Last week we first tweeted that the GuardiCore Global Sensor Network (GGSN) has detected a wide ransomware attack targeting MySQL databases. The attacks look like an evolution of the MongoDB ransomware attacks first reported earlier this year by Victor Gevers. Similarly to the MongoDB attacks, owners are instructed to pay a 0.2 Bitcoin ransom (approx. $200) to regain access to their content. We saw two very similar variations of the attack using two bitcoin wallets. In this post we will describe in detail the attack flow and provide some recommendations on how to protect your databases from similar attacks along with attack IoCs.

PLEASE_READ.WARNING

The attacks started at midnight at 00:15 on February 12 and lasted about 30 hours in which hundreds of attacks were reported by GGSN. We were able to trace all the attacks to 109.236.88.20, an IP address hosted by worldstream.nl, a Netherlands-based web hosting company. The attacker is (probably) running from a compromised mail server which also serves as HTTP(s) and FTP server. Worldstream was notified a few days after we reported the attack.

The attack starts with ‘root’ password brute-forcing. Once logged-in, it fetches a list of the existing MySQL databases and their tables and creates a new table called ‘WARNING’ that includes a contact email address, a bitcoin address and a payment demand. In one variant of the attack the table is added to an existing database; in other cases the table is added to a newly created database called ‘PLEASE_READ’. The attacker will then delete the databases stored on the server and disconnect, sometimes without even dumping them first.

The attack as reported by GuardiCore Centra

Two attack versions

We logged two versions of the ransom message:

INSERT INTO PLEASE_READ.`WARNING`(id, warning, Bitcoin_Address, Email) VALUES(‘1′,’Send 0.2 BTC to this address and contact this email with your ip or db_name of your server to recover your database! Your DB is Backed up to our servers!’, ‘1ET9NHZEXXQ34qSP46vKg8mrWgT89cfZoY’, ‘backupservice@mail2tor.com’)

 

INSERT INTO `WARNING`(id, warning)
VALUES(1, ‘SEND 0.2 BTC TO THIS ADDRESS 1Kg9nGFdAoZWmrn1qPMZstam3CXLgcxPA9 AND GO TO THIS SITE http://sognd75g4isasu2v.onion/ TO RECOVER YOUR DATABASE! SQL DUMP WILL BE AVAILABLE AFTER PAYMENT! To access this site you have use the tor browser https://www.torproject.org/projects/torbrowser.html.en’)

One version offers the victim to restore their data by contacting the following email address – ‘backupservice@mail2tor.com’. The second version offers the owner to visit the following darknet web site ‘http://sognd75g4isasu2v.onion/’ to recover the lost data.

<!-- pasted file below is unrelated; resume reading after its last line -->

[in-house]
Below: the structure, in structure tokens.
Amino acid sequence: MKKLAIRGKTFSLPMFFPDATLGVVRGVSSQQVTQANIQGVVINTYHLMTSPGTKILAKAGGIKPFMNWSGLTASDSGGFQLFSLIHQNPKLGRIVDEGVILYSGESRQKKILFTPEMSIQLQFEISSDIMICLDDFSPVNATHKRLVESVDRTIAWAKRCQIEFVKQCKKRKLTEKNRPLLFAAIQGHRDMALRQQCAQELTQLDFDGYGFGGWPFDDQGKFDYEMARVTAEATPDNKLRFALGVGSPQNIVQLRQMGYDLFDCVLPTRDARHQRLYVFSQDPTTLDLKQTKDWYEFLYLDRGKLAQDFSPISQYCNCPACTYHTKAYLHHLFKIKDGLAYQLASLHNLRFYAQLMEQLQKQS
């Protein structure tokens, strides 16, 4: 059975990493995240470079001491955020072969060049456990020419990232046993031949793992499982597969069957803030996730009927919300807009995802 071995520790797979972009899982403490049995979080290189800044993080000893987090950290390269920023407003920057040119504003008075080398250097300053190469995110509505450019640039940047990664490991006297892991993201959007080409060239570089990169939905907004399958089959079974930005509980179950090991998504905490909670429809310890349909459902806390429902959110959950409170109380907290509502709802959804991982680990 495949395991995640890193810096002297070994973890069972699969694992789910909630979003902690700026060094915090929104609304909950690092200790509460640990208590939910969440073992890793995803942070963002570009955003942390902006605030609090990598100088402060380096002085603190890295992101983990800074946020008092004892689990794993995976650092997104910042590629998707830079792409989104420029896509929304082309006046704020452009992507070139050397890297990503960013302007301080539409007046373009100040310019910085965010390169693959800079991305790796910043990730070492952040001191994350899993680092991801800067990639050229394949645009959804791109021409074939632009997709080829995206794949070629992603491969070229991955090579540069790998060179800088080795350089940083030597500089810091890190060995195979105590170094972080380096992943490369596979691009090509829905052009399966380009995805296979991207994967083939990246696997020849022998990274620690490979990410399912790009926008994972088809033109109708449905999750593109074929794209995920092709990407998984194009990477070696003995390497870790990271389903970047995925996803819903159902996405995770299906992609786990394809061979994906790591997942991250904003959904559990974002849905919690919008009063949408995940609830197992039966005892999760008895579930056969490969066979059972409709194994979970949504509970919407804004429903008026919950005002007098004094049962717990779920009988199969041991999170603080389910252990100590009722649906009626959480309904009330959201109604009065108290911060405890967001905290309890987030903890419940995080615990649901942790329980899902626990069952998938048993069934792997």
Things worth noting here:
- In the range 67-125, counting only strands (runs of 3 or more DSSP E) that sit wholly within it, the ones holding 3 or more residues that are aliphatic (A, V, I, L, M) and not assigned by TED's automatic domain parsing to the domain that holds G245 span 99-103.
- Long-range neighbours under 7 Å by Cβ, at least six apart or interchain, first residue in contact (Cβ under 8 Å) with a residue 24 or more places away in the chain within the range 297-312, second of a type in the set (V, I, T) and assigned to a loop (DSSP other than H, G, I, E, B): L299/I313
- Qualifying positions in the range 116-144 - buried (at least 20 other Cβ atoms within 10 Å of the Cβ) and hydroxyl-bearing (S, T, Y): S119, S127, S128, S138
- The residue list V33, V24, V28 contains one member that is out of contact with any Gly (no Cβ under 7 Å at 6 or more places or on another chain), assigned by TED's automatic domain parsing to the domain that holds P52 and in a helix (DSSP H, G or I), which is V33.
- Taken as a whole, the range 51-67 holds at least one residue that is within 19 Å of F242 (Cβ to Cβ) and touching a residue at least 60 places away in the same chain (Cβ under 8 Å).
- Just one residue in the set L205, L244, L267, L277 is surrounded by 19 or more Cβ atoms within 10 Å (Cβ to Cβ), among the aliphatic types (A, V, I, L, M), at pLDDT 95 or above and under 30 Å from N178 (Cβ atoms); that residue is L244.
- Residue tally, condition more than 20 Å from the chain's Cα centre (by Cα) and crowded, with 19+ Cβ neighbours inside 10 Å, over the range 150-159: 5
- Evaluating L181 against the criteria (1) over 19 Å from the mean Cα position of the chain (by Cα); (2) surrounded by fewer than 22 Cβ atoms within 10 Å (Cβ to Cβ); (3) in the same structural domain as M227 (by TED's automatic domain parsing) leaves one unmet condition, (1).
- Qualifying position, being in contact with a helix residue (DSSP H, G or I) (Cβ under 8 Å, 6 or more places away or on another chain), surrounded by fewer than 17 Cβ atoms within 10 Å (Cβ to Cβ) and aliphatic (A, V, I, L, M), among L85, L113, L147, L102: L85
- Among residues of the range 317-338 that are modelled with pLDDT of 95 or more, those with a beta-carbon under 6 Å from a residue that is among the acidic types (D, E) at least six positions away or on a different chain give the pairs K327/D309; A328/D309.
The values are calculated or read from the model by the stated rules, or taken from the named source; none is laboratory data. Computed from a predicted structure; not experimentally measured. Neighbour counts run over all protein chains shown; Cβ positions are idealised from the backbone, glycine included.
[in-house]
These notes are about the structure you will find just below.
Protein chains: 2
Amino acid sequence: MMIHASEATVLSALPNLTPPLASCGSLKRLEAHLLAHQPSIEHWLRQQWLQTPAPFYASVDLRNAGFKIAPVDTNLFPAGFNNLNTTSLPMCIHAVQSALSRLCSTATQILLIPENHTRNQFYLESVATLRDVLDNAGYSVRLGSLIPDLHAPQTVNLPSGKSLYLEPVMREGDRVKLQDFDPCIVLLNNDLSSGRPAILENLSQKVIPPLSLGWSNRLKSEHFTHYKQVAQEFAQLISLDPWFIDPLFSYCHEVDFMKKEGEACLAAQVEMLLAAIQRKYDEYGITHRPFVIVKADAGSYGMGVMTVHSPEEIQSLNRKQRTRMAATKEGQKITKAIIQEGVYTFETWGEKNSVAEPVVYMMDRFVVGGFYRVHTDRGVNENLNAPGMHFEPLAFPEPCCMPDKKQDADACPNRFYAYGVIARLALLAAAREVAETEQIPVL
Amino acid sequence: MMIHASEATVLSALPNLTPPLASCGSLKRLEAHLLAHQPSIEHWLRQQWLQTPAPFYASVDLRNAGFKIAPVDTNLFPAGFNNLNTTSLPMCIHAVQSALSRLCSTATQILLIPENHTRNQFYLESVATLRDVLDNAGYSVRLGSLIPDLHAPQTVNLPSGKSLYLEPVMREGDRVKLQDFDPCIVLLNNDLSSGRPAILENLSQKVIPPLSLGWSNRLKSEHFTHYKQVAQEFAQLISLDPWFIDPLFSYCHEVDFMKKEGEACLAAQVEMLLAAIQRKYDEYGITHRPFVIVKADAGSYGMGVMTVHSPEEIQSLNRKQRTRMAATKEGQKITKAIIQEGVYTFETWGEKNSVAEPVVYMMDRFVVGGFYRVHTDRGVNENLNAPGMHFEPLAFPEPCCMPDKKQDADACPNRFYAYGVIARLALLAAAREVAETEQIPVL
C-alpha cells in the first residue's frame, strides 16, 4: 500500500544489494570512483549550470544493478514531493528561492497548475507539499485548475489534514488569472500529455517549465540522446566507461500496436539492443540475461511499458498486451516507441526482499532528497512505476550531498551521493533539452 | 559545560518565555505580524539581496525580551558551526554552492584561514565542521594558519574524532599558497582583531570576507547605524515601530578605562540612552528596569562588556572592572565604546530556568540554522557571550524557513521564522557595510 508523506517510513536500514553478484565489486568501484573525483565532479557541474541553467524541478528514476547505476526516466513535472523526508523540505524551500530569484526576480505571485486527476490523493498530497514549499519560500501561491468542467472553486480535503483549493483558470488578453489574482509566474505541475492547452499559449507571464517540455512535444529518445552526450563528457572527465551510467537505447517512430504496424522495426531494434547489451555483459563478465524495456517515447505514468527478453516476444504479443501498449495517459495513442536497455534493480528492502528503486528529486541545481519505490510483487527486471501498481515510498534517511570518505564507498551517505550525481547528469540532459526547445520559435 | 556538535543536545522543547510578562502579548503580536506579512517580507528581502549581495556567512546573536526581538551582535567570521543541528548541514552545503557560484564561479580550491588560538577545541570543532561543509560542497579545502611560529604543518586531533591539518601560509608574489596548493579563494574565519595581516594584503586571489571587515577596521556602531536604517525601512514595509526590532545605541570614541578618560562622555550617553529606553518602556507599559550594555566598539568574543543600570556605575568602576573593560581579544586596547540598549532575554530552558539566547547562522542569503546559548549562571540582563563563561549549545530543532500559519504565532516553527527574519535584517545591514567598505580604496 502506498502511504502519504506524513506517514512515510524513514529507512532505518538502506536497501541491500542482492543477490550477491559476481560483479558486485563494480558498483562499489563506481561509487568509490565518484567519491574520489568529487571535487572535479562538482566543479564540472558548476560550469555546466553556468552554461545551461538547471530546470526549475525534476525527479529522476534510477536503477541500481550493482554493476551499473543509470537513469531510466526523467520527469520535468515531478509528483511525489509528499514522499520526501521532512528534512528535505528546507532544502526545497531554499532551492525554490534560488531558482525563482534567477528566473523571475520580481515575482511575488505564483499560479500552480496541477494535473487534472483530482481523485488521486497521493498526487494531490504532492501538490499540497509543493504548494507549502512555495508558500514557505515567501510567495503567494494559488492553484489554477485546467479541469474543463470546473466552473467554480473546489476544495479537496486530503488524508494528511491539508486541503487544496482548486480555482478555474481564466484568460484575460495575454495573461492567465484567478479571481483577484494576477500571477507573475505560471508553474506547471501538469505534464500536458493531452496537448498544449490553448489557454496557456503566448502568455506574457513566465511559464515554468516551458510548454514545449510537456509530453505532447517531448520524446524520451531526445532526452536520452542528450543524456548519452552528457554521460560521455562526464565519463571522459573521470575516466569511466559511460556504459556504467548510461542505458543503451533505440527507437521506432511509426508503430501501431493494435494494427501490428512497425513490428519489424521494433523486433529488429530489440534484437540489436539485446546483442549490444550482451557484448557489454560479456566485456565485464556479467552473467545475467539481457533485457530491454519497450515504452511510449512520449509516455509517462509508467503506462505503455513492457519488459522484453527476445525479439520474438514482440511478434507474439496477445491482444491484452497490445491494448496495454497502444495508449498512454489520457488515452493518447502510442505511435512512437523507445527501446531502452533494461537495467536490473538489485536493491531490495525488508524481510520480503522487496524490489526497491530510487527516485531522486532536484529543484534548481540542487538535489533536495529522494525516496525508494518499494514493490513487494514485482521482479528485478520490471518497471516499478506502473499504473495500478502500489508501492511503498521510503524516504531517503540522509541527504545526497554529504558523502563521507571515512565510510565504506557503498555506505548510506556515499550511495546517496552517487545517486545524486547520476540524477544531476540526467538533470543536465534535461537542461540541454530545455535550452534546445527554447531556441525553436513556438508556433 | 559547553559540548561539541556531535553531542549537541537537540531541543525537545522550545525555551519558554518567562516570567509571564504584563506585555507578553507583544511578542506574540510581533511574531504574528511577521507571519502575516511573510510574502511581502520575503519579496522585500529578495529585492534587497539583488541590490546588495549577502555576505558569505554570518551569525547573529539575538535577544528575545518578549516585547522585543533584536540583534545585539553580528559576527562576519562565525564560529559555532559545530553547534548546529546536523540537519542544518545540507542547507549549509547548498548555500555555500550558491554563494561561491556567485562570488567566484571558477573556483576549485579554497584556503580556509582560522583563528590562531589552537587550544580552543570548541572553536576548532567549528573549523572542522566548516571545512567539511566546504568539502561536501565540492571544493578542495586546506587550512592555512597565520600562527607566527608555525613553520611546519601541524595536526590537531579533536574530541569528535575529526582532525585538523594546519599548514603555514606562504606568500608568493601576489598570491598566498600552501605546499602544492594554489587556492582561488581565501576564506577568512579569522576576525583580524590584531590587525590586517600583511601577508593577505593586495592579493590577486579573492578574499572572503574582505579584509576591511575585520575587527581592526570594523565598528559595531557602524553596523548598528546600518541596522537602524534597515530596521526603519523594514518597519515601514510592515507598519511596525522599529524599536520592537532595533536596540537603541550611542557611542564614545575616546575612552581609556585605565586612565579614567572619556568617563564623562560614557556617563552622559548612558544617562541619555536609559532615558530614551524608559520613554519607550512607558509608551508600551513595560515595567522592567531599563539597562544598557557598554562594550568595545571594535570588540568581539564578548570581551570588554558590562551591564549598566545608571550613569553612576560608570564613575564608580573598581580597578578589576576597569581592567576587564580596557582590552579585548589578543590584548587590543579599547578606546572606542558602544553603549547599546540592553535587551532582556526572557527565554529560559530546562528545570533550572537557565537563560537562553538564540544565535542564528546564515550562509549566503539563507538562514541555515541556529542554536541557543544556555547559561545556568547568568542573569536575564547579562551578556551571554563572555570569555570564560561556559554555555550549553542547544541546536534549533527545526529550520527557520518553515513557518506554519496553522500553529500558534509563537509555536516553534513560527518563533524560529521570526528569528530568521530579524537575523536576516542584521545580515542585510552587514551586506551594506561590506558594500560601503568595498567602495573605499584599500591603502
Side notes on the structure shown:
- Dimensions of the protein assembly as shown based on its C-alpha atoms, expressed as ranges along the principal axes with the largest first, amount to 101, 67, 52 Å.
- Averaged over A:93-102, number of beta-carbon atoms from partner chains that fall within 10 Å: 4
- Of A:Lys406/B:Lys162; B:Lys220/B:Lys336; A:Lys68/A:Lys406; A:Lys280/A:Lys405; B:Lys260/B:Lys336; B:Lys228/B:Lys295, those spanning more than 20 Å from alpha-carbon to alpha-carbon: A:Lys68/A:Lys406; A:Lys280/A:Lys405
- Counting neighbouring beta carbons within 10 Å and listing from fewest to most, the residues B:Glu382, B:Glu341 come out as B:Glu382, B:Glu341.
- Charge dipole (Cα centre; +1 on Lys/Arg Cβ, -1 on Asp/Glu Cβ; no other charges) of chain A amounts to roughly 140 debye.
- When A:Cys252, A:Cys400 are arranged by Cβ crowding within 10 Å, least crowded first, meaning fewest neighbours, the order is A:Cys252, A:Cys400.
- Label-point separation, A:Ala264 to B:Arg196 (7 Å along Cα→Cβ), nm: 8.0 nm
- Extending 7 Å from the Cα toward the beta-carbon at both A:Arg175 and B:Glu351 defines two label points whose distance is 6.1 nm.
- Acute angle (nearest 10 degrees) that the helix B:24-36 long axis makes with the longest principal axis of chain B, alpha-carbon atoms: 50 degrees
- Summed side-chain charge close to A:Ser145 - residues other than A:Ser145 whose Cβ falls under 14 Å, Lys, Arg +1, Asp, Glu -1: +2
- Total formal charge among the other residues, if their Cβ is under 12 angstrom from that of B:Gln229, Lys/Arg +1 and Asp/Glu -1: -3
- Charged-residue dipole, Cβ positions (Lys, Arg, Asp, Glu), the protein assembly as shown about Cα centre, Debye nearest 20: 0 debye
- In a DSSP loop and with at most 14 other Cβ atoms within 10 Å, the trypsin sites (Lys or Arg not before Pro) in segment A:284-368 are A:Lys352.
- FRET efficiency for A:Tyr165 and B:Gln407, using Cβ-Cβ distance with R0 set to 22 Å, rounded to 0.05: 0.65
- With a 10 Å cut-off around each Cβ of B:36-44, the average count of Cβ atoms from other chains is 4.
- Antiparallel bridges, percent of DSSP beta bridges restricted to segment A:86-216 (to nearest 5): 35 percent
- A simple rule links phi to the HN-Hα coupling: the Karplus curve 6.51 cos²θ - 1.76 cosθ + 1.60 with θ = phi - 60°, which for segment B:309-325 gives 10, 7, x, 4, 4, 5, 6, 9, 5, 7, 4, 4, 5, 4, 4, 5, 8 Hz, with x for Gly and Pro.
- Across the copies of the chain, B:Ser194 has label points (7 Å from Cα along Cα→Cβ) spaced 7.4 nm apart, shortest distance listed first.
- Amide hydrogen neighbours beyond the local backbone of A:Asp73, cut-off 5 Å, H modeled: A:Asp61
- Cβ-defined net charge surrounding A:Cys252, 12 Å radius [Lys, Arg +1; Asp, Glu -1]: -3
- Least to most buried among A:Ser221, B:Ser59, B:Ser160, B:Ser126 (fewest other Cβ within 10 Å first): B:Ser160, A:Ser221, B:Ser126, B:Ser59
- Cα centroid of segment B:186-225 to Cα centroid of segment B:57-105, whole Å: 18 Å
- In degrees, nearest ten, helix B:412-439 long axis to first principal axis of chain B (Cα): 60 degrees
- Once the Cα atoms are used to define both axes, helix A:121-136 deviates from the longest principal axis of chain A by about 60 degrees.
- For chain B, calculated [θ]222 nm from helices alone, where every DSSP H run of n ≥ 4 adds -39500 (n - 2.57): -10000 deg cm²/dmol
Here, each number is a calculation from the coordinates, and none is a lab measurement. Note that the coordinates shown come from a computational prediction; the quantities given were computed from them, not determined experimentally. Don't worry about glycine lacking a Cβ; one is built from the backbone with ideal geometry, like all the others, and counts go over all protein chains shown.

The darknet web site referenced in the ransom note

Each version uses a different bitcoin wallet, 1Kg9nGFdAoZWmrn1qPMZstam3CXLgcxPA9 vs 1ET9NHZEXXQ34qSP46vKg8mrWgT89cfZoY and based on Blockchain public information people have been paying up. Naturally, we can not tell whether it was the attackers who made the transactions to make their victims feel more confident about paying.

Preventing the attack

Every MySQL server facing the internet is prone to this attack, so ensure your servers are hardened. Also, make sure your servers require authentication and that strong passwords are in use. Minimizing internet facing services, particularly those containing sensitive information is also a good practice. Monitoring your internet accessible machines/services is crucial to being able to rapidly respond to any breach. This can be easily achieved using GuardiCore Centra.

The GuardiCore Reveal map clearly shows the servers accessible from the Internet

This way your security team could easily alert on new services accessed from the internet and enforce a policy which fits those servers (e.g. firewall, data restrictions, etc.). Periodic data backup could allow you restore most of your valuable data without the need to interact with the attacker and provide you with a backup plan should a similar attack occurs.

Check before you pay

Before paying the ransom we strongly encourage you to verify that the attacker actually holds your data and that it can be restored. In the attacks we monitored we couldn’t find evidence of any dump operation or data exfiltration.

IoCs

IP Address:

  • 109.236.88.20

Mysql:

  • Table: WARNING
  • Database: PLEASE_READ (appears only in one variation of the attack)
1 comment
  1. dave stokes
    dave stokes says:

    Who is dumb enough to leave a MySQL server open to the Internet. It is against all common sense and the manual. No serious DBA or DevOps person would consider doing this with any data of value.

    Reply

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